Who ever has visited Fatehpur Sikri has not forgotten to tie a red thread on the fine lattice-work of the marble tomb to send a special request to the almighty. It is surprising how the two religions who mostly are at loggerheads with each other in the country, unite at the tomb. Hindus and Muslims both tie the holy thread in hope their wishes will be fulfilled by their different Gods or by the spirit of the saint.
Intricate marble jali panels make the four walls of the tomb and the central hall is where the saint’s body is laid to rest.
Also known as ‘Badgir’ or wind-catcher tower this structure was solely for relaxation and entertainment. The five storied pavilion consists of pillared terraces decreasing in size as it rises. The terraces are supported by beautifully carved 176 pillars in all.
A covered platform opposite the structure might have been a girls’ school. The open space near Panch Mahal has markings which seem like a game of ‘chaupar’ or ‘pachisi’ a board game where cowrie shells were used as dice. The difference however was that while a board game had small pegs, this large game drawn on the floor was where Emperor played with slaves as pegs.
A square pond with stone bridges in cardinal directions which ended in a platform in the center of the pond is located just opposite the emperor’s bedroom close to Panch mahal. the guides tell you that the platform was used by musicians to perform for the king. It was where the famous poet-musician ‘Tansen’ used to sing his ragas.
The pond lies dried up now and the sun sears the stone terraces of Fatehpur Sikri.
Emperor Akbar was tolerant towards all religions and it was at Diwan-i-khas that he met with scholars of different religion to discuss various philosophies. A central pillar with circular platform with arms emanating from the platform was the seat of all discussions.
An 80 feet high brick watch tower with projections that imitate elephant tusks could have been a starting point for milestone posts many of which are seen in Agra in ruinous state.
There are more structures within the complex like Birbal’s house, Taksal or Mint, Queen’s residence, Caravan Sarai, records office, karkhana or workshop, treasury.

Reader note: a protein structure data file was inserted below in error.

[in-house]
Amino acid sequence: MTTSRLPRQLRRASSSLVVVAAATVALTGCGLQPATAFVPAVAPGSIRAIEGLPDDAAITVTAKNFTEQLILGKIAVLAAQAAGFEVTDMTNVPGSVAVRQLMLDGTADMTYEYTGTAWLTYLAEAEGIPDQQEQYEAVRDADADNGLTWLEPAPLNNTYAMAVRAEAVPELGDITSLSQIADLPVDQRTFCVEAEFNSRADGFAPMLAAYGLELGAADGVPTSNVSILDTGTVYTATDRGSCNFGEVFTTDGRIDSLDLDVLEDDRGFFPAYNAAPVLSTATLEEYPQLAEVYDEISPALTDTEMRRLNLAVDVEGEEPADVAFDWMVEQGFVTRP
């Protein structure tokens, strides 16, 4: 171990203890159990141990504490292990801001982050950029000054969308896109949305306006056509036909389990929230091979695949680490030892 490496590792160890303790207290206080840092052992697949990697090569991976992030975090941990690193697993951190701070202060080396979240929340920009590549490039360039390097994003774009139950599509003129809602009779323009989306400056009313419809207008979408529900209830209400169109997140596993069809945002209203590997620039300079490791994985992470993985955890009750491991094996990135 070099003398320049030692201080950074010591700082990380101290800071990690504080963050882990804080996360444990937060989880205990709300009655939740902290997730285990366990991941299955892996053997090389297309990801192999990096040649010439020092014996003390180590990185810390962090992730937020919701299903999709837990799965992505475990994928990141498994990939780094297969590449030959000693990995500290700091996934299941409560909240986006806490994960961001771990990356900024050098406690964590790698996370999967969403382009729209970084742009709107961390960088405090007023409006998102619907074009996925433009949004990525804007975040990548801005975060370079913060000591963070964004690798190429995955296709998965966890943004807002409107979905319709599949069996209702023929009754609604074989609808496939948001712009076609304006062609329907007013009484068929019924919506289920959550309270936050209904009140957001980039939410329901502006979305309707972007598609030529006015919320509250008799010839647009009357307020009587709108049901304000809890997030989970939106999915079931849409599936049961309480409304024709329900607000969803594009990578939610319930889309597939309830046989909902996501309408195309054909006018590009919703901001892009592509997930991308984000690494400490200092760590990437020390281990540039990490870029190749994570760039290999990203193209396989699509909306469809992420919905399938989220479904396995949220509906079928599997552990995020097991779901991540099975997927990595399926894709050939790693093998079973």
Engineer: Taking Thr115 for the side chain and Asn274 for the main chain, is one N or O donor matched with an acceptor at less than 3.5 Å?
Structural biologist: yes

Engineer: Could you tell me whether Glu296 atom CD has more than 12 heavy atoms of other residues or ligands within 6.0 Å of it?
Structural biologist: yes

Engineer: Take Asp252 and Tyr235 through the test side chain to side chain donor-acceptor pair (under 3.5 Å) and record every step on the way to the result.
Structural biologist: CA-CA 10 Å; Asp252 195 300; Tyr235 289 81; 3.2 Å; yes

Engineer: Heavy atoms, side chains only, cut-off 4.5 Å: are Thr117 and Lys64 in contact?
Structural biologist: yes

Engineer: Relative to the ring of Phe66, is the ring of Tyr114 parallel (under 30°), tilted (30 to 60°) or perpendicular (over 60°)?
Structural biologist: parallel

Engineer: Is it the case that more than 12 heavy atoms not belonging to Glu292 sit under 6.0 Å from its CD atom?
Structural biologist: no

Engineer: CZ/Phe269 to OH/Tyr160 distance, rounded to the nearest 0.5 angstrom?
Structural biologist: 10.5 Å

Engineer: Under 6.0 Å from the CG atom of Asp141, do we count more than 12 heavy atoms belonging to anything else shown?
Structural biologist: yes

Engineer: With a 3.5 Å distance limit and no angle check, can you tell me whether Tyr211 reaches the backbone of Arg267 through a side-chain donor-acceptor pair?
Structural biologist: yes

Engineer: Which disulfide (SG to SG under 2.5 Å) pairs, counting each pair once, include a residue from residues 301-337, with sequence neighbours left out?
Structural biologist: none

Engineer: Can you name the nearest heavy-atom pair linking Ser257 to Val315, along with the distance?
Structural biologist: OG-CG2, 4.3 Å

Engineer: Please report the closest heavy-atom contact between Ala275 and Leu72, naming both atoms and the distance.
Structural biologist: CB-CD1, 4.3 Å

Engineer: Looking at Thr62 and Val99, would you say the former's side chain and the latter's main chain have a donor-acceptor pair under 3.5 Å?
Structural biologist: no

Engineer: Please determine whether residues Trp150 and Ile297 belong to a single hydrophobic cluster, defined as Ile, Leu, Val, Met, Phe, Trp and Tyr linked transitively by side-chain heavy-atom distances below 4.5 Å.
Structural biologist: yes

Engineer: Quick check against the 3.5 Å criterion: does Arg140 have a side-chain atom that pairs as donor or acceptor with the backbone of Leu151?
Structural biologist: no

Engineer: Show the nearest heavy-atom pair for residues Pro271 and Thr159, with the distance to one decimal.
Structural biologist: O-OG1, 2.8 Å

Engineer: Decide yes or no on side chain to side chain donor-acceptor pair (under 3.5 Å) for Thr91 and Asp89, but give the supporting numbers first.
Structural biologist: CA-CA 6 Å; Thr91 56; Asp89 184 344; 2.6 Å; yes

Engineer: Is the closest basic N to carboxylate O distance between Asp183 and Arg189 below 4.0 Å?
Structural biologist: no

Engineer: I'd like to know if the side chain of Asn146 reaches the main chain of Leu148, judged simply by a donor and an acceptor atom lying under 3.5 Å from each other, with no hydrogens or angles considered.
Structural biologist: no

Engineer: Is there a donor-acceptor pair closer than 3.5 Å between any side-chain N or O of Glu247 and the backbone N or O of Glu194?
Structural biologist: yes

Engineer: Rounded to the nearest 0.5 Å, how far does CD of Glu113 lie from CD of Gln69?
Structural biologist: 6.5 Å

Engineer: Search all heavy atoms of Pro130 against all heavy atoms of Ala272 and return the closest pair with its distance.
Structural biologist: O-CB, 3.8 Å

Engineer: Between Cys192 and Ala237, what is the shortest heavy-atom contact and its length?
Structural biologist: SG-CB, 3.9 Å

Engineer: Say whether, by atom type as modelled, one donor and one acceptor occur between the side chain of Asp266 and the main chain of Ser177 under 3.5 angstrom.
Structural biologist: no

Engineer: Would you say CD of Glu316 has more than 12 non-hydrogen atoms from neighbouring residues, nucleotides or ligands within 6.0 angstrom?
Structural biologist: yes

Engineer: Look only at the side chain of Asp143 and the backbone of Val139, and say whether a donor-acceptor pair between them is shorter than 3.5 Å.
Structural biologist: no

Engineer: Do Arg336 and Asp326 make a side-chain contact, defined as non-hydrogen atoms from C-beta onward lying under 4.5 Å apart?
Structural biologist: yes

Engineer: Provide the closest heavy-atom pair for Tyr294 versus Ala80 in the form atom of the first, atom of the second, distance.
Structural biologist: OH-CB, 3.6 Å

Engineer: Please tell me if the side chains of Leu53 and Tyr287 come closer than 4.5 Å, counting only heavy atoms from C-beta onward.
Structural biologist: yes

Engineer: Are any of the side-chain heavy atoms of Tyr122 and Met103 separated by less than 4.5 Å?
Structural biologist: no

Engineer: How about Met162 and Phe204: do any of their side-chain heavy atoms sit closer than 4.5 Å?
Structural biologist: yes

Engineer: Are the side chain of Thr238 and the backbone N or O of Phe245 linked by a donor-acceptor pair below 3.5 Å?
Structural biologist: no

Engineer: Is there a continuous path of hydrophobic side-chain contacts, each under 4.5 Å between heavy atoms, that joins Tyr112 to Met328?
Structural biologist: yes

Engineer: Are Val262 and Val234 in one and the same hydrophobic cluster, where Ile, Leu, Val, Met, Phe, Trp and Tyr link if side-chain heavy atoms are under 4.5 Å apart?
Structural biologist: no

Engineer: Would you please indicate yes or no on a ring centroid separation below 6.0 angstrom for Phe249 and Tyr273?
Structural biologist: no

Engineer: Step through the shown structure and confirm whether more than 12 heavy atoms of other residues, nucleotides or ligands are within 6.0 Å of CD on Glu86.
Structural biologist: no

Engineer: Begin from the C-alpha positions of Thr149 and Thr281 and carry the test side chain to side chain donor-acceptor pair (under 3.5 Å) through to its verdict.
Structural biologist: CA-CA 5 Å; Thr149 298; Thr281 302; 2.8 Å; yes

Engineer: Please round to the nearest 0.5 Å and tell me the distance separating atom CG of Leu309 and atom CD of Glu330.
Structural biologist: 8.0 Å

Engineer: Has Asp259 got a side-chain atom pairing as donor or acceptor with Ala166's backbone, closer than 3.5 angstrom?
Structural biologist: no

The spring fed lake however came under tremendous burden of catering to the needs of the military and civil populace and maintenance of the walled city built in stone.
Thus a magnificent city such as this had to be abandoned for lack of water.
Imagine our water sources drying up now….would we be able to give up our city as easily and start afresh? What happens when other cities hope to migrate closer to diminishing water sources too?
There will ensue a war so violent not only between two different people but between families…thirst will drive man to kill each other and all would be lost.
It is time we wake up to the reality that water is diminishing slowly and we need to do everything we can to save water..water harvesting, planting trees and most of all stop wasting this elixir of life.
Livpure has come up with an initiative #cuttingpaani to save water. Let us teach our children to save earth, save water to save ourselves.
- Fatehpur Sikri is 40 kilometer from Agra.
- Agra is well-connected by rail and road to most major cities.
- The airport at Agra caters charter flights during tourist season. It is not a civil airport otherwise.
- Check the guides credentials before hiring.
- Carry sun shades, water, scarves as the sun can be very harsh.
- Winters are chilly at Agra with foggy mornings. Summers are hot and dry.
- Best season would be when monsoons are beginning. The city becomes slightly cooler. However heavy rain period causes a lot of drainage issues in the town of Agra and is best avoided.
- Other important must do places in Agra are Taj Mahal, Agra Fort, Sikandara or Akbar’s tomb, Itmad-ud-Daula’s tomb.
- February sees the celebration of cultural festival Taj Mahotsav.
- A visit to Kalakriti is must for musical play on Taj Mahal. Marble artisans and their work is on display in this cultural center as well.